Oxidative stress, аging and antioxidants
The term oxidative stress is defined as a direct consequence of the increased production of the so-called free radicals accompanied with the decreased activity of the antioxidant defense system against them. The “free radicals theory of aging” was firstly proposed by Denham Harman in 1950. According to this concept, free radicals attack the susceptible cell structures continuously over the life, thus impairing their physiological functions. Moreover, it was suggested that the increased oxidative stress plays a crucial role in the pathogenesis of various chronic diseases associated with aging, such as cancer, neurodegenerative diseases, atherosclerosis, etc. Later, in 1970, Harman expanded the previous concept introducing the role of the endogenously generated reactive species in mitochondria in the oxidative stress phenomena. The findings that the mitochondrial DNA damage in mammals increases with age further supported the mitochondrial theory of aging. Therefore, it was concluded that the intrinsic generation of free radicals is an inevitable consequence of the consumption of oxygen and ATP production by mitochondria. Later on, Halliwell and Gutteridge renamed this theory in “oxidative stress theory of aging”, suggesting that aging and age-related diseases are not only caused by free radicals, but also by other reactive oxygen species. According to their theory, organisms age because of an accumulation of oxidative damage to the critical cellular components. For example, the DNA is continuously exposed to the oxidative modification. Consequently, reactive species may form a variety of DNA adducts via direct attacks or indirectly by initiating autocatalytic lipid peroxidation. The situation is further complicated knowing that the moderate levels of radicals are not only beneficial, but also essential, for exerting their functions in signaling pathways, inflammation, or immune response to pathogens. There are various enzyme systems whose functions are to remove and/ or repair DNA modifications in order for cells to maintain the necessary level of oxidative stress. Moreover, the oxidative damage can be worsened by a decreased efficiency of antioxidant defense mechanisms. The first line of endogenous defenses against reactive oxygen species includes antioxidant enzymes. The most significant ones are glutathione peroxidase (GPX), catalase (CAT), and superoxide dismutase (SOD). Genetic factors may affect about 25% of the variation in human life span. Among the antioxidant enzymes, the biggest role in longevity can be attributed to SOD2 and GPX genes. Up todate, there are more than 80 publications supporting the role of genetic variations in the regulation of the response to the oxidative stress. Finnaly, nowadays, in addition to the natural defense systems, it is generally believed that dietary antioxidants are able to increase the antioxidant protection, thus improving health and increasing cellular resistance to stress. While, there is growing evidence that changes in lifestyle (such as, moderate exercise, increased intake of dietary antioxidants, and reduced calorie intake) could improve health and increase longevity, the role of the synthetic antioxidant supplements in controlling optimal levels of oxidative stress remains still controversial.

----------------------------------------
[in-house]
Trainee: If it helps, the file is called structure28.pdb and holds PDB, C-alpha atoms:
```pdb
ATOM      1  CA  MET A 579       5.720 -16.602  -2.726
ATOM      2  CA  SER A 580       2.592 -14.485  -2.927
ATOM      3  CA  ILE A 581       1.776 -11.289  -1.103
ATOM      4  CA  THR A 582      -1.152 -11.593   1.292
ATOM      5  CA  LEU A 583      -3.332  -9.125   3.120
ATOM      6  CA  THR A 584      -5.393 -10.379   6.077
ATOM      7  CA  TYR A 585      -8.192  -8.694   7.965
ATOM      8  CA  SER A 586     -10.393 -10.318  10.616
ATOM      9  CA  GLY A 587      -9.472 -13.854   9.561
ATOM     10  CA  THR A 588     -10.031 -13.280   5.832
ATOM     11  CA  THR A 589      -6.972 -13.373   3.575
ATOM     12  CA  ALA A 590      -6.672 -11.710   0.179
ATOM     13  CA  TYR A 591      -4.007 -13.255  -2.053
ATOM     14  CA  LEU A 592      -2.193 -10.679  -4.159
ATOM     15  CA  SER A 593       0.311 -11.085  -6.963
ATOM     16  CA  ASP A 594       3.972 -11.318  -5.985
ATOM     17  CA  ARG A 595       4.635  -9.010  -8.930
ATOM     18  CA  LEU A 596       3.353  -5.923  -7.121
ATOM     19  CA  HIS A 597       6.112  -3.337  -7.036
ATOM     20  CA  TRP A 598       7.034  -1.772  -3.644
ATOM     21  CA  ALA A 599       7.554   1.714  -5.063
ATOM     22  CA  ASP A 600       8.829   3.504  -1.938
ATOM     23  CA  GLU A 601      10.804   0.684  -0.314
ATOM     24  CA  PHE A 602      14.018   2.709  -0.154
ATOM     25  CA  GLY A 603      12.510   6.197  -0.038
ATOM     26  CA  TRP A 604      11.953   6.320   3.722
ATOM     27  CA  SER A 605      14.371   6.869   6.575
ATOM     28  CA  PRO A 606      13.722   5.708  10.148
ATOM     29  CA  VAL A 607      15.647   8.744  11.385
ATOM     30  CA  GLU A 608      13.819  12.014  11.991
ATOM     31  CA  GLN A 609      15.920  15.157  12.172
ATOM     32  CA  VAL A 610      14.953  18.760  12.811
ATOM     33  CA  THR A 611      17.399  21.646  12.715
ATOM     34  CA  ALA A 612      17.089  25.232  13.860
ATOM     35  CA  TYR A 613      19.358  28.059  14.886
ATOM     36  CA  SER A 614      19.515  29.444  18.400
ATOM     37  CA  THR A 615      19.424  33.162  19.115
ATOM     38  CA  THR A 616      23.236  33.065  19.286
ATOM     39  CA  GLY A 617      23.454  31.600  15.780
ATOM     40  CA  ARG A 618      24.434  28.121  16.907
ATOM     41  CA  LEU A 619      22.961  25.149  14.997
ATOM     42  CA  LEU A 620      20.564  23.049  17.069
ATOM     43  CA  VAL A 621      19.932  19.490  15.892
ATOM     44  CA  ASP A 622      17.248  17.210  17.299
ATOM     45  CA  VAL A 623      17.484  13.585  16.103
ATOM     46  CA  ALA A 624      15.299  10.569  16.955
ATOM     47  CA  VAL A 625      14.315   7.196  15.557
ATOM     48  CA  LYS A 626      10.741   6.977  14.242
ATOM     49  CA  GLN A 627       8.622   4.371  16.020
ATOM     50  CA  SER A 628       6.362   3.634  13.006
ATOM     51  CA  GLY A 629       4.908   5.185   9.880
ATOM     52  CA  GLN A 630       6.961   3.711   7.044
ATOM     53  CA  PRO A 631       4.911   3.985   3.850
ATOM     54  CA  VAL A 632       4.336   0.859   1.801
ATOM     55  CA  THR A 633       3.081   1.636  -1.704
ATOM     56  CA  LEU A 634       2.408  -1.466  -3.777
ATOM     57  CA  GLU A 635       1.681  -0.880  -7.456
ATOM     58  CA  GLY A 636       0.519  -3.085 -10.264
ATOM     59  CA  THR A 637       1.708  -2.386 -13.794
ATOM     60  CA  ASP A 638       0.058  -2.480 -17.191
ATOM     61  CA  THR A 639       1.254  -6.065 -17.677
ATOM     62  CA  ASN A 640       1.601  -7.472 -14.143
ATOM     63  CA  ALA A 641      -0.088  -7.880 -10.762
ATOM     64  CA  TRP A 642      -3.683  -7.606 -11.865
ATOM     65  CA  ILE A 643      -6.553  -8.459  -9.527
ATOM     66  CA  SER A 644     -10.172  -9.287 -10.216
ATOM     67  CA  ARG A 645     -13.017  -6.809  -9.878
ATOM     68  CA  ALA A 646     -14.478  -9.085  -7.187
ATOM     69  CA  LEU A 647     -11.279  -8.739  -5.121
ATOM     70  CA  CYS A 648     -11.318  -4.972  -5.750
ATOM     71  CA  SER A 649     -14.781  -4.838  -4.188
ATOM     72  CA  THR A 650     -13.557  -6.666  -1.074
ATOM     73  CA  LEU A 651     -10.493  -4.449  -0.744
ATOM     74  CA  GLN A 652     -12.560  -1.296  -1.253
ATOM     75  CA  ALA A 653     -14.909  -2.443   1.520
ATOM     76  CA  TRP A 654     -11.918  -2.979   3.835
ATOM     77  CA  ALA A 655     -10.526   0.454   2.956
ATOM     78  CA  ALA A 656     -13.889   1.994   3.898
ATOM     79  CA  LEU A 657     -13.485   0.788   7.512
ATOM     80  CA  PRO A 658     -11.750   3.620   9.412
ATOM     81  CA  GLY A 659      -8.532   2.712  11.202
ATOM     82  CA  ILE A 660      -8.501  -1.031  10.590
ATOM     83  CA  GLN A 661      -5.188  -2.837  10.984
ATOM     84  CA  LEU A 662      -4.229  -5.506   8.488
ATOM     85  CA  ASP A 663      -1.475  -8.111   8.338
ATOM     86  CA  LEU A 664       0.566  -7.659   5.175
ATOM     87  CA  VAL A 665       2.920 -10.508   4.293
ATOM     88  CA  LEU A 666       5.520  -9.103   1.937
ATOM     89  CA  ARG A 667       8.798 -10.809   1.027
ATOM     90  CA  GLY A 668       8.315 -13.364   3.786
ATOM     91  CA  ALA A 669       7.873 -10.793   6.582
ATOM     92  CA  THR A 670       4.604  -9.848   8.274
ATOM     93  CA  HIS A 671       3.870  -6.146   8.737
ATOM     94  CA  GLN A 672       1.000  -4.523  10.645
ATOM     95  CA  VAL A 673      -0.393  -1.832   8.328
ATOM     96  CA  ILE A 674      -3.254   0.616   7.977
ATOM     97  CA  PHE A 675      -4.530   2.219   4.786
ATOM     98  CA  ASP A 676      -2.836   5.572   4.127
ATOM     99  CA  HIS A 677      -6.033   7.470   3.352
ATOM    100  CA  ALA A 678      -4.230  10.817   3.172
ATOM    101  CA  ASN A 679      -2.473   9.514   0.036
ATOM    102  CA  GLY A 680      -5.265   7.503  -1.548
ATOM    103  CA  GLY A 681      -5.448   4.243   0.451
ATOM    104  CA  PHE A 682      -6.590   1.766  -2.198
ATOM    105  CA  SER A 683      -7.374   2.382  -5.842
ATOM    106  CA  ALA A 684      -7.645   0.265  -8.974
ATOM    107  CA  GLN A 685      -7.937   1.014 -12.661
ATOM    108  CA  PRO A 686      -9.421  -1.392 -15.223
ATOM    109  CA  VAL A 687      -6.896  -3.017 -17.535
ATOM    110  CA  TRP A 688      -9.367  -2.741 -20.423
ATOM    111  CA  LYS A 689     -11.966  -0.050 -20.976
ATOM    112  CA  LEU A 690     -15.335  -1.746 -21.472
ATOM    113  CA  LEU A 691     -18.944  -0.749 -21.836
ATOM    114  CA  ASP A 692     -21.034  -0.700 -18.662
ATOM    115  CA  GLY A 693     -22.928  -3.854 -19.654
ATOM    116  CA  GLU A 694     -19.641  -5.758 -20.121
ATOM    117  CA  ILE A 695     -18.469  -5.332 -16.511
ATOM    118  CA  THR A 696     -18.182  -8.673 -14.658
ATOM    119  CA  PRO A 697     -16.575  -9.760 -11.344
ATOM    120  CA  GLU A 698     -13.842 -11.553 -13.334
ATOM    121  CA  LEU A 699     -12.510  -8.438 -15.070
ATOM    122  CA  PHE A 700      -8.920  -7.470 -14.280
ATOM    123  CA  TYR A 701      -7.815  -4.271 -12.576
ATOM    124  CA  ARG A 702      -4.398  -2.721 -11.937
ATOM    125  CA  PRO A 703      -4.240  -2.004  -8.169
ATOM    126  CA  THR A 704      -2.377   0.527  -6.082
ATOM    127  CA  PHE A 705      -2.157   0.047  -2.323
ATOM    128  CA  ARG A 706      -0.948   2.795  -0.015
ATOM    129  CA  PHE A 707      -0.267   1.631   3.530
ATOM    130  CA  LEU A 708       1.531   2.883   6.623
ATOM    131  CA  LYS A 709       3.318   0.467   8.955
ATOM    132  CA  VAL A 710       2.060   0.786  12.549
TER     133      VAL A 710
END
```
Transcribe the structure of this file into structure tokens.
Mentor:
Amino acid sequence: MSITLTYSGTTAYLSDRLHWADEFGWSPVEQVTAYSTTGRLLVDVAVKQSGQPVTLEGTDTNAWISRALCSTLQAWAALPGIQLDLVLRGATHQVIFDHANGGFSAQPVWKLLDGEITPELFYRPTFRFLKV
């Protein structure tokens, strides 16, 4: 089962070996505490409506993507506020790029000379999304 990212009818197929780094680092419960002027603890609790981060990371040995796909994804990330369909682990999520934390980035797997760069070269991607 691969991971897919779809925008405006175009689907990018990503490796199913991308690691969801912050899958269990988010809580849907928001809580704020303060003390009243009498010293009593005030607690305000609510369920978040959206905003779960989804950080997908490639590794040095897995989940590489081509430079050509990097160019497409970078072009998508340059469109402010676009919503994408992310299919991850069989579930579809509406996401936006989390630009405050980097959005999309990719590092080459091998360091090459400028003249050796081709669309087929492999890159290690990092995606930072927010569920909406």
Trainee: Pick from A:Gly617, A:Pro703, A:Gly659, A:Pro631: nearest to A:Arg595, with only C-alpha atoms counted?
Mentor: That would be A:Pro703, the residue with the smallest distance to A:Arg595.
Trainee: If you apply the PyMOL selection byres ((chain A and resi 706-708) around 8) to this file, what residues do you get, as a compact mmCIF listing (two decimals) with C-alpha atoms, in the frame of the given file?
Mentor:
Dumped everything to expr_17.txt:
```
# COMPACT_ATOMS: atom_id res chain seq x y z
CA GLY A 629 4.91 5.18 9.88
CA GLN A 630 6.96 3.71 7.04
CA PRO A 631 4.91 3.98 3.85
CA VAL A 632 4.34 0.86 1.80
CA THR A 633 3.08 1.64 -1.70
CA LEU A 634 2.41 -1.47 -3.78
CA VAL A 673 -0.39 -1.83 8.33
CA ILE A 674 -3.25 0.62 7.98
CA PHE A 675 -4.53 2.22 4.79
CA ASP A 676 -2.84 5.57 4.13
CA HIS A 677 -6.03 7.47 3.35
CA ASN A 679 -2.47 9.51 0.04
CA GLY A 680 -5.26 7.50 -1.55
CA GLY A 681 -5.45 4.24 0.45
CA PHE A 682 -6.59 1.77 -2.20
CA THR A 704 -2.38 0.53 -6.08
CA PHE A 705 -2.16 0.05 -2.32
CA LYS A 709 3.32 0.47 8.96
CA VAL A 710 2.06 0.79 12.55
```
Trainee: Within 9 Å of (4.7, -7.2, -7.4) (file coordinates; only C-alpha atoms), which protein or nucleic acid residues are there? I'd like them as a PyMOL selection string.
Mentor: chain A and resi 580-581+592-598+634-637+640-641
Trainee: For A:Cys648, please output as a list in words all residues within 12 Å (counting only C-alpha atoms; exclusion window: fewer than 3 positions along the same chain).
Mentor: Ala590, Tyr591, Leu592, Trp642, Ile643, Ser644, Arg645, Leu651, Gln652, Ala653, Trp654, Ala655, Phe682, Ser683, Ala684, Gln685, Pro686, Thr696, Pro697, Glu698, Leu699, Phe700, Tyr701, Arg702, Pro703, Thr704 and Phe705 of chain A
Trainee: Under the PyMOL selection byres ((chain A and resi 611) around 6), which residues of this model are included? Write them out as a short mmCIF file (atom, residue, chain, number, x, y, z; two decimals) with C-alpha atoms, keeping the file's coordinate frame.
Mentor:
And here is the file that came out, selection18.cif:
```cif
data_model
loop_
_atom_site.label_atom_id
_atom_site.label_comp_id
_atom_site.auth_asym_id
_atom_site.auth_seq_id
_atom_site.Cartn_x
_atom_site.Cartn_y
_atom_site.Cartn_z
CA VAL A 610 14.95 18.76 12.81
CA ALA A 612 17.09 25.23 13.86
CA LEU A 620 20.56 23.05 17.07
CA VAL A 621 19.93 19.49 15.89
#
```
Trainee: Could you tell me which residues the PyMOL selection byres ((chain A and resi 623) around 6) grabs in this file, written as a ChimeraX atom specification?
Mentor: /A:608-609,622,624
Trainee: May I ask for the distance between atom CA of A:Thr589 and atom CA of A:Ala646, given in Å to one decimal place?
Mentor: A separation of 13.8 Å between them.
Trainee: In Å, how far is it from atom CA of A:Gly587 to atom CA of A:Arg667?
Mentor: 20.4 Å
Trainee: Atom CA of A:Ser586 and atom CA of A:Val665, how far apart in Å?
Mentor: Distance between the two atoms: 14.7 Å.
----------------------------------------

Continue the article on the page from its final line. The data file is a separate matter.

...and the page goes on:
KeywordsАging; Antioxidant enzymes; Free radicals; Oxidative stress